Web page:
• At the edge of an eelgrass bed, rocky sandy sediments appear in the foreground. Organic buildup of sediments under the vegetation can also be seen.

    At the edge of an eelgrass bed, rocky sandy sediments appear in the foreground. Organic buildup of sediments under the vegetation can also be seen.

    Photo: Phil Colarusso/EPA Region 1

    Full Screen

Green eelgrass, blue carbon

At the edge of an eelgrass bed, rocky sandy sediments appear in the foreground. Organic buildup of sediments under the vegetation can also be seen.

MIT Sea Grant is working with several partners to quantify the carbon storage of eelgrass beds in Massachusetts.


By understanding the role that eelgrass ecosystems play in preparing for and mitigating the effects of climate change we can better make the case for securing protection and restoration resources.

Seagrasses are aquatic plants, marine grasses that evolved on land with other grasses and later migrated back to the coastal ocean. Our local species here in Massachusetts is eelgrass, or Zostera marina. If you look closely, eelgrass resembles the grass from your lawn, with long flat blades, shallow roots and flowers.

Eelgrass beds spread out and form meadows, which help tie down sediments, improving water clarity and reducing shoreline erosion. Just like a terrestrial meadow, eelgrass meadows are teeming with life. They provide a safe place for marine animals to lay eggs, a nursery habitat for young fish, and protection from predators for young animals like scallops, crabs, and lobsters. Eelgrass meadows also play an important part in improving water quality by recycling nutrients in runoff from land.

More recently, seagrass beds in tropical regions have been recognized as an important natural carbon sink, storing a large amount of carbon in both the plant tissue and in the sediments the beds help collect. Carbon storage and sequestration by coastal marine ecosystems, often called "blue carbon," is best understood in habitats such as mangroves, salt marshes and seagrass meadows. The carbon storage capacity of seagrass meadows is the least well quantified of these coastal habitats. Very little is known about the capacity of eelgrass meadows in temperate regions, like the Northeast.

MIT Sea Grant is working with the Environmental Protection Agency (EPA), researchers at Boston University, the Massachusetts Division of Marine Fisheries, and the Massachusetts Bays National Estuary Program (MassBays) to conduct studies to quantify the carbon storage of eelgrass beds in coastal Massachusetts. Field surveys were done during summer months in the height of the eelgrass growing season, from five eelgrass beds in Massachusetts. Divers suited up to take sediment cores inside and outside eelgrass meadows and collected samples of eelgrass. A shore team set up under an umbrella to process the cores, water samples, and plant tissues as the divers brought them up. Blade characteristics such as length, presence of seeds, and presence of invasive tunicates were recorded. Samples were then packed up and sent to labs for analysis.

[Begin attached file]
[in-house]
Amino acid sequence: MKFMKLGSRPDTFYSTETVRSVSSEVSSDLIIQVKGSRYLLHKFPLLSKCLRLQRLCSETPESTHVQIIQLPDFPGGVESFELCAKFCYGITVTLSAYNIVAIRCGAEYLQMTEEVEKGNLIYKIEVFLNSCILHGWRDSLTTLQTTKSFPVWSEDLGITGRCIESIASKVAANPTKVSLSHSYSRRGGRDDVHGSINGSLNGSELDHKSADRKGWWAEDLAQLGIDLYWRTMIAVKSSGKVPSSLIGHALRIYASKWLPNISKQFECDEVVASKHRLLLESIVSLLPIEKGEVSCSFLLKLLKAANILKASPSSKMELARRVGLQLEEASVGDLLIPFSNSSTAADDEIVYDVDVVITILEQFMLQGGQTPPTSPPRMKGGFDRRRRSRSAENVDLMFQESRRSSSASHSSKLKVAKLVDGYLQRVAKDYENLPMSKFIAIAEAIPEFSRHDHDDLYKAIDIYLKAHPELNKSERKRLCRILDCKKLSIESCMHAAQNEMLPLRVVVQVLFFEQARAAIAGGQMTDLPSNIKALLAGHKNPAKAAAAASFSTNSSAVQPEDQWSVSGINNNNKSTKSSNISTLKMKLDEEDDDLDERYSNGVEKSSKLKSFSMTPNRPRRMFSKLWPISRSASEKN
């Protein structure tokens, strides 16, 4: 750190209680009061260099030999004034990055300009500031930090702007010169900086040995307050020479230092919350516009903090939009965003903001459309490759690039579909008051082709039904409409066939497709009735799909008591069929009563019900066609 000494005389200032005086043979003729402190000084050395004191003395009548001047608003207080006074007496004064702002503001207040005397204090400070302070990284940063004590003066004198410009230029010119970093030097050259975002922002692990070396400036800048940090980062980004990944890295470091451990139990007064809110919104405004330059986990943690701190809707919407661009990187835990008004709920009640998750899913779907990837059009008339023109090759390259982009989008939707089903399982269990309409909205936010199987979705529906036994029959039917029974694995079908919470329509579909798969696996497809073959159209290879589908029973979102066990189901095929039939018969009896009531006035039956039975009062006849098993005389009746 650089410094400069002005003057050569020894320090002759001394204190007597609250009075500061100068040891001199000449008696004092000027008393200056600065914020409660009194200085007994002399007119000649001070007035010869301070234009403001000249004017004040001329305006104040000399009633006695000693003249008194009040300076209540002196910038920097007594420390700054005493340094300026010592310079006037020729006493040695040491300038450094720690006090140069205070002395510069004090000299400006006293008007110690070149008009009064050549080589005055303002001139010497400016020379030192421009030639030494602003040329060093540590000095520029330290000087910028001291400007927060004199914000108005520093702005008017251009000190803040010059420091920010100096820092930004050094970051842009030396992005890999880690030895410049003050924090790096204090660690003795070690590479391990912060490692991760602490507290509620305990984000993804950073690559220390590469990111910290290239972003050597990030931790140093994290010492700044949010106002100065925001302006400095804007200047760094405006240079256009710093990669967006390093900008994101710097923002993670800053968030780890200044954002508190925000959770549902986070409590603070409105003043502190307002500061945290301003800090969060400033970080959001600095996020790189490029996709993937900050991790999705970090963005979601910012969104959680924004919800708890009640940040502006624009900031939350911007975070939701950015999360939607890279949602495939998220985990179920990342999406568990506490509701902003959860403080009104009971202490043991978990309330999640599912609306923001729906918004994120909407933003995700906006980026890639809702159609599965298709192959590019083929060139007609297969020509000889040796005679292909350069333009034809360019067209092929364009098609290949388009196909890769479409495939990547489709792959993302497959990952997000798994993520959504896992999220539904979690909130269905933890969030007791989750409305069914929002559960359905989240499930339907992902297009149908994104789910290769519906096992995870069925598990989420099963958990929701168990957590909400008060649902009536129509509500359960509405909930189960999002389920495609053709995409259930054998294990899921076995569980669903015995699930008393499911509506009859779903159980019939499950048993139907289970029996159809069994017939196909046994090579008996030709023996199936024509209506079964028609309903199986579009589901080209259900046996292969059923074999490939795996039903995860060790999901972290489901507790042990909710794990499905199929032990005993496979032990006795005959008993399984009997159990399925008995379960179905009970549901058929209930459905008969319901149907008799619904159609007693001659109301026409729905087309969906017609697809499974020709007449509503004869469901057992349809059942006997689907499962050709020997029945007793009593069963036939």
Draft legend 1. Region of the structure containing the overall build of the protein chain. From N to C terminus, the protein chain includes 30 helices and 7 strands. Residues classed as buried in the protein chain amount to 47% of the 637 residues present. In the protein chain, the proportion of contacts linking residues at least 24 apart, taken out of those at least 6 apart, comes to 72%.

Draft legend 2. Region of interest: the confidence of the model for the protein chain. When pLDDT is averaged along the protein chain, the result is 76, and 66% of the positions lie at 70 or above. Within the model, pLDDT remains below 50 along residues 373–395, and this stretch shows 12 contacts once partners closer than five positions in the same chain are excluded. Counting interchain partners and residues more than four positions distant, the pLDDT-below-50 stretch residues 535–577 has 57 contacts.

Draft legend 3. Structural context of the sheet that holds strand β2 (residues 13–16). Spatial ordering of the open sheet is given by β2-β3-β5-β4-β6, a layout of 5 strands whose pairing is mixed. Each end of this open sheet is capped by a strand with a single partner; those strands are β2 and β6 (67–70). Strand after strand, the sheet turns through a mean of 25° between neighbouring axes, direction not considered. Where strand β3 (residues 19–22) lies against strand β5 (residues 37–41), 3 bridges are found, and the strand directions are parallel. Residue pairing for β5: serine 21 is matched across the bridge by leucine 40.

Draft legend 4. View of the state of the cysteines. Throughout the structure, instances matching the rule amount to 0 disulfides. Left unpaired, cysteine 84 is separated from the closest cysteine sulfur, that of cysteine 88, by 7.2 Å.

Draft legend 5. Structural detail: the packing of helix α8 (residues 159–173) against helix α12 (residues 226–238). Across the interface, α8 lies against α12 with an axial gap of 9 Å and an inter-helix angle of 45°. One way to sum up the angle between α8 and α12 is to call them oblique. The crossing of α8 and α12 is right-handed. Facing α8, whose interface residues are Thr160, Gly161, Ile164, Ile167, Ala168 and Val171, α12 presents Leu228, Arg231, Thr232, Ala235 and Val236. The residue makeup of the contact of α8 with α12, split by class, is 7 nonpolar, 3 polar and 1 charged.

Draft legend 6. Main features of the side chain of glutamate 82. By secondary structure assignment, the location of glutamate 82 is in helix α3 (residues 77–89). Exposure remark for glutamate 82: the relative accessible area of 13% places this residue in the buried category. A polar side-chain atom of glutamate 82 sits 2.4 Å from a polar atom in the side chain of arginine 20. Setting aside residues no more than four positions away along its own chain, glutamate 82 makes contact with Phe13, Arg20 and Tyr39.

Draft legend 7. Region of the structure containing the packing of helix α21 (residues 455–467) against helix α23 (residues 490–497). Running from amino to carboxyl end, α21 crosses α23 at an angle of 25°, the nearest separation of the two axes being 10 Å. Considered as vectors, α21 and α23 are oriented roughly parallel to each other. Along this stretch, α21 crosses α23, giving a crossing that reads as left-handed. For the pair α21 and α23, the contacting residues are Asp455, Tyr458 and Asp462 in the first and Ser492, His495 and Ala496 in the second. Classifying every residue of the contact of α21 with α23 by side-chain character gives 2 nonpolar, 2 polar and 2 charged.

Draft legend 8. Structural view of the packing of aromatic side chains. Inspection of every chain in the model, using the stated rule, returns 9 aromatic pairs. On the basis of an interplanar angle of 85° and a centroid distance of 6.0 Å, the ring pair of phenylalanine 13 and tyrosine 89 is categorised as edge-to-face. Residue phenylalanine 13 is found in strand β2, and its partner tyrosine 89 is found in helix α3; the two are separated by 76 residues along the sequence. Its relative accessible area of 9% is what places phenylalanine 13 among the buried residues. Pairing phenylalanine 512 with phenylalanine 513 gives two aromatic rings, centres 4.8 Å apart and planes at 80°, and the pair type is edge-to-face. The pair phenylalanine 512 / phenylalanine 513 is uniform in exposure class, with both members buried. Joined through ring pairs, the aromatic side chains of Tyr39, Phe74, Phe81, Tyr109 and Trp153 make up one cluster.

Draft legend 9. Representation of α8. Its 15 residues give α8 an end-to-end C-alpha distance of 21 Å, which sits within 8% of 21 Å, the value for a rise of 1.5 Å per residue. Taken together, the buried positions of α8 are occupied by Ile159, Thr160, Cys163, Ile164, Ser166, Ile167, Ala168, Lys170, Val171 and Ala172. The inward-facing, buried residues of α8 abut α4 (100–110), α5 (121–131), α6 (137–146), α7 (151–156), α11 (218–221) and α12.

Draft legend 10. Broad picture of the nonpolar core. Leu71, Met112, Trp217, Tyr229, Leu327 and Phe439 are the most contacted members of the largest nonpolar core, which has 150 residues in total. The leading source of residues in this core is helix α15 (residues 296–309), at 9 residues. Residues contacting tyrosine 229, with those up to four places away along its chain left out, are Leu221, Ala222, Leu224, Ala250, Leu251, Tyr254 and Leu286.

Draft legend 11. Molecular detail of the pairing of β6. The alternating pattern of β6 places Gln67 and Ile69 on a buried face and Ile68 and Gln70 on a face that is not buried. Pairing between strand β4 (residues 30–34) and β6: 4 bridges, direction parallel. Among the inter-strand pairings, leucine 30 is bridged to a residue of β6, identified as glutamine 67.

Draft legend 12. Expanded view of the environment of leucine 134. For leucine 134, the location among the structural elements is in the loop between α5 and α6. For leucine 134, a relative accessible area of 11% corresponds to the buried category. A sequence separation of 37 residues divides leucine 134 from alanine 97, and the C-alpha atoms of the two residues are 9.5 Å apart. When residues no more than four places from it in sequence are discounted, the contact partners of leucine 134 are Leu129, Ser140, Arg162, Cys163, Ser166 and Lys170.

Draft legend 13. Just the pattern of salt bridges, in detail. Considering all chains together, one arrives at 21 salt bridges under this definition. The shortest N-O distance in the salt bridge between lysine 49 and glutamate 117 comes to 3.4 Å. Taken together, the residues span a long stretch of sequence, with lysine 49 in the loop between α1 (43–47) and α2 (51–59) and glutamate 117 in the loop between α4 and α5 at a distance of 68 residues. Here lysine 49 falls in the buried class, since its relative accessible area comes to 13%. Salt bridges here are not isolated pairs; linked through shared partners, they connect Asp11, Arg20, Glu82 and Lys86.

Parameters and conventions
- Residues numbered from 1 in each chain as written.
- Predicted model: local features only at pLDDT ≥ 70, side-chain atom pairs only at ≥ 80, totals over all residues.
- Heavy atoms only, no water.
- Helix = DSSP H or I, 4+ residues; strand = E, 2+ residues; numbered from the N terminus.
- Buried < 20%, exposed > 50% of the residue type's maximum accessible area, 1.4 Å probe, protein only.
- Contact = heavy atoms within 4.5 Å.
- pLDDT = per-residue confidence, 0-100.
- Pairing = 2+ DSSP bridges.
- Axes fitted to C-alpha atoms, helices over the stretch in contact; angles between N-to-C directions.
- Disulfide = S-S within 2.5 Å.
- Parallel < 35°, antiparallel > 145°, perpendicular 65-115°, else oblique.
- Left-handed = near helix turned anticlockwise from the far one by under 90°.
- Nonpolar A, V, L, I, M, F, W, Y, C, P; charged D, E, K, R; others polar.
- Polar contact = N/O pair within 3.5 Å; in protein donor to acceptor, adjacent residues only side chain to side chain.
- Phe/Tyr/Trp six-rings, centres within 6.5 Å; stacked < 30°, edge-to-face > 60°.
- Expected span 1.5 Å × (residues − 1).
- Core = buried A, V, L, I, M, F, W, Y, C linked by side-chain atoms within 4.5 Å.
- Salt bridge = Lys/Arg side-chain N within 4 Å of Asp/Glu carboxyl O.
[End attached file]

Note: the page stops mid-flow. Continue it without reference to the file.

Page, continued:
The study found that eelgrass meadows in coastal waters around Massachusetts hold the same amount of carbon or more as researchers have documented in other studies in and around the North Atlantic. Unsurprisingly, the study also gave some key evidence to support the common knowledge that sediment in eelgrass beds has more carbon than sediments without eelgrass cover. Stable isotope analysis of the sediment gave fascinating insights into just where the carbon that is being held comes from. Initial analysis identified that the carbon originates from both the eelgrass plants themselves, and, perhaps more importantly, also from phytoplankton and other floating particles in the water. This means that eelgrass meadows have the capacity to capture and store carbon from outside sources, increasing the potential amount of carbon they are able to sequester to more than what the meadows produce.

These results offer insight into the important ecosystem services eelgrass meadows provide. The study also has the potential to make significant impacts in how regulatory agencies view eelgrass meadows. As a whole, mangrove, salt marsh, and seagrass ecosystems are estimated to be disappearing from 2 to 15 times faster than terrestrial forests. Human activities are causing local eelgrass beds to disappear at a disturbing rate. Quantifying carbon storage potential in local eelgrass beds provides a valuable tool for assessing carbon stocks and highlighting priority areas for conservation.

MIT Sea Grant and MassBays are working together to develop outreach materials targeting community members that have an impact on eelgrass beds. These materials will help local conservation boards to understand their role in protecting these valuable coastal habitats, encourage beach goers to appreciate and explore eelgrass beds without harming them, and help teachers develop curricula where students can use real data to calculate carbon storage potential. Materials will be available this fall on the MIT Sea Grant website.

The work was carried out by a team of researchers that included: EPA Region 1, MIT Sea Grant, Massachusetts Bays National Estuary Program, Boston University, Suffolk University, and Massachusetts Division of Marine Fisheries with funding from the U.S. Environmental Protection Agency Climate Ready Estuaries Program, the McNair Scholars Program, and MIT Sea Grant.


Topics: MIT Sea Grant, Carbon, Environment, Ocean science, Research, Climate, Oceanography and ocean engineering

Back to the top